The following commentary comes from an independent investor or market observer as part of TheStreet's guest contributor program, which is separate from the company's news coverage.
By David Sterman
NEW YORK (
) -- What the heck is going on with this market? On two occasions this week, the major indices opened sharply lower and then clawed back higher as the trading session wore on. From hour to hour, the bears -- who fear a spreading European contagion, and the market bulls and who've been digesting solid recent quarterly profits, are wrestling for control of the market.
My take: The risks that could trigger a market pullback remain formidable, and I don't want to touch stocks that don't have some form of downside protection. This protection can come in many forms, from a bulletproof balance sheet to a history of solid, recurring cash flow.
I also like companies that are prepared to defend their stock. The companies I discuss below have recently announced major stock buyback plans, and in a market slump, they'd be active buyers at a time when few friends can be found. Just as important, any market swoon that does affect these stocks will mean more bang for the buyback buck. In some instances, they may have a chance to sharply lower the number of shares outstanding, which would set the stage for solidly higher earnings per share (EPS) in the future.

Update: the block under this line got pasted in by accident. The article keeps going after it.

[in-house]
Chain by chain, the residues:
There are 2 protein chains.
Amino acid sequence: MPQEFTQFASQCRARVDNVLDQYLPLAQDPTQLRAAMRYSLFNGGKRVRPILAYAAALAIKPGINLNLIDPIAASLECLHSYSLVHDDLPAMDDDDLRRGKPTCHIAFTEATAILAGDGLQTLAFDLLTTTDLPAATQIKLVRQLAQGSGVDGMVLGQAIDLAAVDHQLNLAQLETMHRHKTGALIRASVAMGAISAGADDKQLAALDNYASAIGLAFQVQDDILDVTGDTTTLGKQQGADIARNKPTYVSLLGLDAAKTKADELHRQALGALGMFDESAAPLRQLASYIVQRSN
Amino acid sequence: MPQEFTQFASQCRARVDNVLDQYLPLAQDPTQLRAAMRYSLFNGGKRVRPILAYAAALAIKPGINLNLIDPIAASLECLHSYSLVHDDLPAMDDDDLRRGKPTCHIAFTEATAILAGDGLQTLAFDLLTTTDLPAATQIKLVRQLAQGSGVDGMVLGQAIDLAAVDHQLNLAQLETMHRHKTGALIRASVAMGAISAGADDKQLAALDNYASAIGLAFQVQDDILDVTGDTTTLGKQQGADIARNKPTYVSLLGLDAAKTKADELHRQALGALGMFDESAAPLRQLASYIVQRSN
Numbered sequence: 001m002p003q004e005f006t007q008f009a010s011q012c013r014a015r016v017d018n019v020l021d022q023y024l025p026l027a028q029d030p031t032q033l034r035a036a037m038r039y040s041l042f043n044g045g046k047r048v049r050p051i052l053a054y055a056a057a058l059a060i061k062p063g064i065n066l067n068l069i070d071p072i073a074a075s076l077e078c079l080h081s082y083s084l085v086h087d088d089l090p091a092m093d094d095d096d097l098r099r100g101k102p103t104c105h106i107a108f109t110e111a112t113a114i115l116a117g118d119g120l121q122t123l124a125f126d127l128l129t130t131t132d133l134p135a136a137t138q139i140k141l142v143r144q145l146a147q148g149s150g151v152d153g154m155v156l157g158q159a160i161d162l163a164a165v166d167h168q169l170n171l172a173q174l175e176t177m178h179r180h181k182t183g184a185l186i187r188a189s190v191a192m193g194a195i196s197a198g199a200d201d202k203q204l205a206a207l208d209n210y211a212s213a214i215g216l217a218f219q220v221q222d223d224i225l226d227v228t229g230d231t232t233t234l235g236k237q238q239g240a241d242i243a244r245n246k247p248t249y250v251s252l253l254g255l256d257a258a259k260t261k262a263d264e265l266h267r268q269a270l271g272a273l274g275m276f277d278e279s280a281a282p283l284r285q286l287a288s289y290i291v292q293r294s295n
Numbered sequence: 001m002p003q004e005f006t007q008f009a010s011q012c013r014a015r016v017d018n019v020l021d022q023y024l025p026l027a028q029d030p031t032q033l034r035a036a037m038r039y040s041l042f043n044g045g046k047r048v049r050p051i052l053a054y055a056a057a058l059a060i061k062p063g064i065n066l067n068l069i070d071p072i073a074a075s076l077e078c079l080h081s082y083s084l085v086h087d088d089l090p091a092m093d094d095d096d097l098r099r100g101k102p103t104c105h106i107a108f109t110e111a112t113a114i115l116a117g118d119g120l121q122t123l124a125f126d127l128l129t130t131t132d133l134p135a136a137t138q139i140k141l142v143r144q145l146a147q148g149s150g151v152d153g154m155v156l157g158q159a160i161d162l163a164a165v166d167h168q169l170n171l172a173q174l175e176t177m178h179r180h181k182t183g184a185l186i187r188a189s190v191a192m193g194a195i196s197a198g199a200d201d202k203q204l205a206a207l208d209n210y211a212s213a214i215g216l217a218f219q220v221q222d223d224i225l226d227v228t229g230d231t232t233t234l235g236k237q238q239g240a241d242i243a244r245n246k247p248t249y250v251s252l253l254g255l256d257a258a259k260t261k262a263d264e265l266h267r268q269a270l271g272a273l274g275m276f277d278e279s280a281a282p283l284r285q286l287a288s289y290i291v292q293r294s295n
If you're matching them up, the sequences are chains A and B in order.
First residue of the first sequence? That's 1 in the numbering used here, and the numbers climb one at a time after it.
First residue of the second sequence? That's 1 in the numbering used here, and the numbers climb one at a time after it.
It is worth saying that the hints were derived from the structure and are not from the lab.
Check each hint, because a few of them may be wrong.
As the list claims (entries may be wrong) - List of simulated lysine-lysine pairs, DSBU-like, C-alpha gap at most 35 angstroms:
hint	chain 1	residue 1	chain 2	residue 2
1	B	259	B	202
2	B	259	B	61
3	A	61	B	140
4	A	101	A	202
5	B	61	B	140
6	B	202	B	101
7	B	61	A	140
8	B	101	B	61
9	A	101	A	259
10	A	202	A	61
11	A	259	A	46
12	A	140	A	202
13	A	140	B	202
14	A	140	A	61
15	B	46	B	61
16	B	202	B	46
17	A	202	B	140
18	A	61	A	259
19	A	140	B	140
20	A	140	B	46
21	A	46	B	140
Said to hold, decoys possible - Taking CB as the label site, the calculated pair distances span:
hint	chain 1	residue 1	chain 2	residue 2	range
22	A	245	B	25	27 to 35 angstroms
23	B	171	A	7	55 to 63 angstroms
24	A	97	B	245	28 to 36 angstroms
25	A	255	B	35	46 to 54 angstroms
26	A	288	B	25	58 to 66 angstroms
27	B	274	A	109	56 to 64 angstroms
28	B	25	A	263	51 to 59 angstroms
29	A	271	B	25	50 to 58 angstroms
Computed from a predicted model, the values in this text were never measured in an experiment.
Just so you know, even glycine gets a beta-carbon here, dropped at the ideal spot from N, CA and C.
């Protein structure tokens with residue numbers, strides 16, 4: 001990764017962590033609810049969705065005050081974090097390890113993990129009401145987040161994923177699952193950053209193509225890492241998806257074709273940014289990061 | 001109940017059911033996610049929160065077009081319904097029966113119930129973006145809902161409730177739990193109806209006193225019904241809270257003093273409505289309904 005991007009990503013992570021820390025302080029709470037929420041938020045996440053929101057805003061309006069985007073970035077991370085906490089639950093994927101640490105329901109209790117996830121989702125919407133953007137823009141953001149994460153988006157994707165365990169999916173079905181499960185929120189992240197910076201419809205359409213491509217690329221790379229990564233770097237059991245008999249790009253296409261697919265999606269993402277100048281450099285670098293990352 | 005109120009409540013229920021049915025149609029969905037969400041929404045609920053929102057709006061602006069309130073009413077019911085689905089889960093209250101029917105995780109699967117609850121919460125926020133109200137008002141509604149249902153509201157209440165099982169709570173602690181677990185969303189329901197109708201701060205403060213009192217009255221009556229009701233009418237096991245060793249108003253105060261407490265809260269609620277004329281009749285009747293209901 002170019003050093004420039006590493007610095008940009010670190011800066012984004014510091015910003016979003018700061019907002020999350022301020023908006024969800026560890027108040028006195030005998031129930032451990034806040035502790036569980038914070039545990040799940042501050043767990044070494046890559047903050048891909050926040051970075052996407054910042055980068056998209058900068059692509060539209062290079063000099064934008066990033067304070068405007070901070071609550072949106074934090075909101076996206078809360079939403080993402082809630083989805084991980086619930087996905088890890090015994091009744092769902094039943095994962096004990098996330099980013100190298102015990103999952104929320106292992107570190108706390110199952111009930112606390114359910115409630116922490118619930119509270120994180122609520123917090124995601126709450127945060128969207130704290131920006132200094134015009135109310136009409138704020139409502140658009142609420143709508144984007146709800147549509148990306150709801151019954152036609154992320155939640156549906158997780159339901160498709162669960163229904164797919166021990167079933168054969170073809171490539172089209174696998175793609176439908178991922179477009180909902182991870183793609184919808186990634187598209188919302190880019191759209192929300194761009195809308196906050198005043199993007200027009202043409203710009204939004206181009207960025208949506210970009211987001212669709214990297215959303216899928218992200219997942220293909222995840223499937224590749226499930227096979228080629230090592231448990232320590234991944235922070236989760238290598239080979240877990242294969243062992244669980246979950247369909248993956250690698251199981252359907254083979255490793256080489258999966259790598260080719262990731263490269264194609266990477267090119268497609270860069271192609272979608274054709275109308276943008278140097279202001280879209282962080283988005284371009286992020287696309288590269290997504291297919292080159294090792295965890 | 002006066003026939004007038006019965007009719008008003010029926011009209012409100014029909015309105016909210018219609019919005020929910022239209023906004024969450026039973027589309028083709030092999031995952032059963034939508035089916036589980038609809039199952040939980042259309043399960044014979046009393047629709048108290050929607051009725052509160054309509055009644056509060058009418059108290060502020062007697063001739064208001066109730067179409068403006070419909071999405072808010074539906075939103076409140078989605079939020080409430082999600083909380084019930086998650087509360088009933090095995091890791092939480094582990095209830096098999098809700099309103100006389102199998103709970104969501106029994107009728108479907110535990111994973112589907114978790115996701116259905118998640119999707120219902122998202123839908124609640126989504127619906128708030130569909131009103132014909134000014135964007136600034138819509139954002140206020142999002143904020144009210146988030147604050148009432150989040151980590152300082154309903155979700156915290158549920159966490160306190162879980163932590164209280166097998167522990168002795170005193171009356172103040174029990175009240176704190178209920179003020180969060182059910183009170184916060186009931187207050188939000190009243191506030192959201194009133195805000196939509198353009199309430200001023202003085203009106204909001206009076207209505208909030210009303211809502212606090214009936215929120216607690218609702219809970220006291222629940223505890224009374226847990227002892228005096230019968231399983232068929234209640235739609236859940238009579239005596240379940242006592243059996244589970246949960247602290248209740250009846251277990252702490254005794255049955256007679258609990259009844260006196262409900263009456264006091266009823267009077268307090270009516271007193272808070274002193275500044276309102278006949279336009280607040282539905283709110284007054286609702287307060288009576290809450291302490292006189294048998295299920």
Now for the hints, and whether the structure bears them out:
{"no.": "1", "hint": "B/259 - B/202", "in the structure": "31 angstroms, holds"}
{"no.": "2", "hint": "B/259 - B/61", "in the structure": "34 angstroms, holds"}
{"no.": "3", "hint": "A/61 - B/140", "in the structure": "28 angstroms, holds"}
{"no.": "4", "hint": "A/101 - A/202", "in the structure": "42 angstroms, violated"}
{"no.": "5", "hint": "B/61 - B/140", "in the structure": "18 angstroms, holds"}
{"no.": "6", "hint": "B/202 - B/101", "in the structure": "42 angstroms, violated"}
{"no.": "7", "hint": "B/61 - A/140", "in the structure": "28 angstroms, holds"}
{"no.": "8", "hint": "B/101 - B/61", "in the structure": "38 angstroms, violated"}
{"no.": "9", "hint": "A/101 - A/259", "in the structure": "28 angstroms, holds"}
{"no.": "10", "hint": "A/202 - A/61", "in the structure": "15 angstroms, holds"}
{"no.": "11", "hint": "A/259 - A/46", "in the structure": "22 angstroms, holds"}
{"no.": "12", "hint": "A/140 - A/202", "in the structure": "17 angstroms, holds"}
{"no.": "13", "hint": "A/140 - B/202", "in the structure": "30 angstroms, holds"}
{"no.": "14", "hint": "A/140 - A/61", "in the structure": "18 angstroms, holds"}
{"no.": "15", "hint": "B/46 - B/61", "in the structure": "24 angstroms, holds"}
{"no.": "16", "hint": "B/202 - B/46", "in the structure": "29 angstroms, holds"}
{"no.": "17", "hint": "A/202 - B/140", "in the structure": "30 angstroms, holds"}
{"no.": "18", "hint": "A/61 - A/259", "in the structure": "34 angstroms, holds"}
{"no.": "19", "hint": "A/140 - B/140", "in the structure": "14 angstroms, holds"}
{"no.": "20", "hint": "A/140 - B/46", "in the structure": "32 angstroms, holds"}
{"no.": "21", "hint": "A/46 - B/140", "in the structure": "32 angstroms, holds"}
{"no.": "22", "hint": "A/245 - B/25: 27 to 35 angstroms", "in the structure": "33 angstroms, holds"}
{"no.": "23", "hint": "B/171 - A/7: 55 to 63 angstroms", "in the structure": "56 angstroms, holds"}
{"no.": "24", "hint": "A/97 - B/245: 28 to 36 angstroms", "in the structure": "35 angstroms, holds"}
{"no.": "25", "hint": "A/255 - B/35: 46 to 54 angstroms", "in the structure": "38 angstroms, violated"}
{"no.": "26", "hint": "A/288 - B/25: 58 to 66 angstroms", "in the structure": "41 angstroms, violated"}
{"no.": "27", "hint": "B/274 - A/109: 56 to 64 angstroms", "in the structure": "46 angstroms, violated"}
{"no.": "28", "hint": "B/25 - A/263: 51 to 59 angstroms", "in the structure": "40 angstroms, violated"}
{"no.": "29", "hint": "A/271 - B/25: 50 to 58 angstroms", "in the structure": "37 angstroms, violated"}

I've compiled a list of 19 companies that have made buyback announcements since the second quarter began. And their reasons to pursue a buyback now are numerous. Getting to the heart of why they are buying back shares is the key behind seeing whether they represent real value.
Not for Me
As a personal rule of thumb, I never like companies that look to buy back shares unless the forward price-to-earnings ratio is well below the market average. The only exception: if the near-term P/E ratios fail to represent what kind of earnings power a company can eventually have.
and dental supplies distributor
aren't trying to bring attention to a lagging stock -- each trades near its 52-week high. Instead, they simply don't know what to do with their excess cash. I think these companies would be far better off holding tight -- let cash build higher and buy back shares some time down the road when they've fallen sharply from their highs.
A Previous Favorite
is a different story. I've recently written quite a bit about this silver miner. As I noted in this
if the company can keep its promise that a major shuttered mine will come back online in about eight months, then 2013 results will be far better. The company is using roughly one-third of its $280 million cash balance to buy back stock now, in anticipation of a better outlook, and a higher stock price, in the future.
The Long Slog Back to Relevance
In a similar vein, health care information provider
is currently suffering from a botched merger, which I previously discussed in this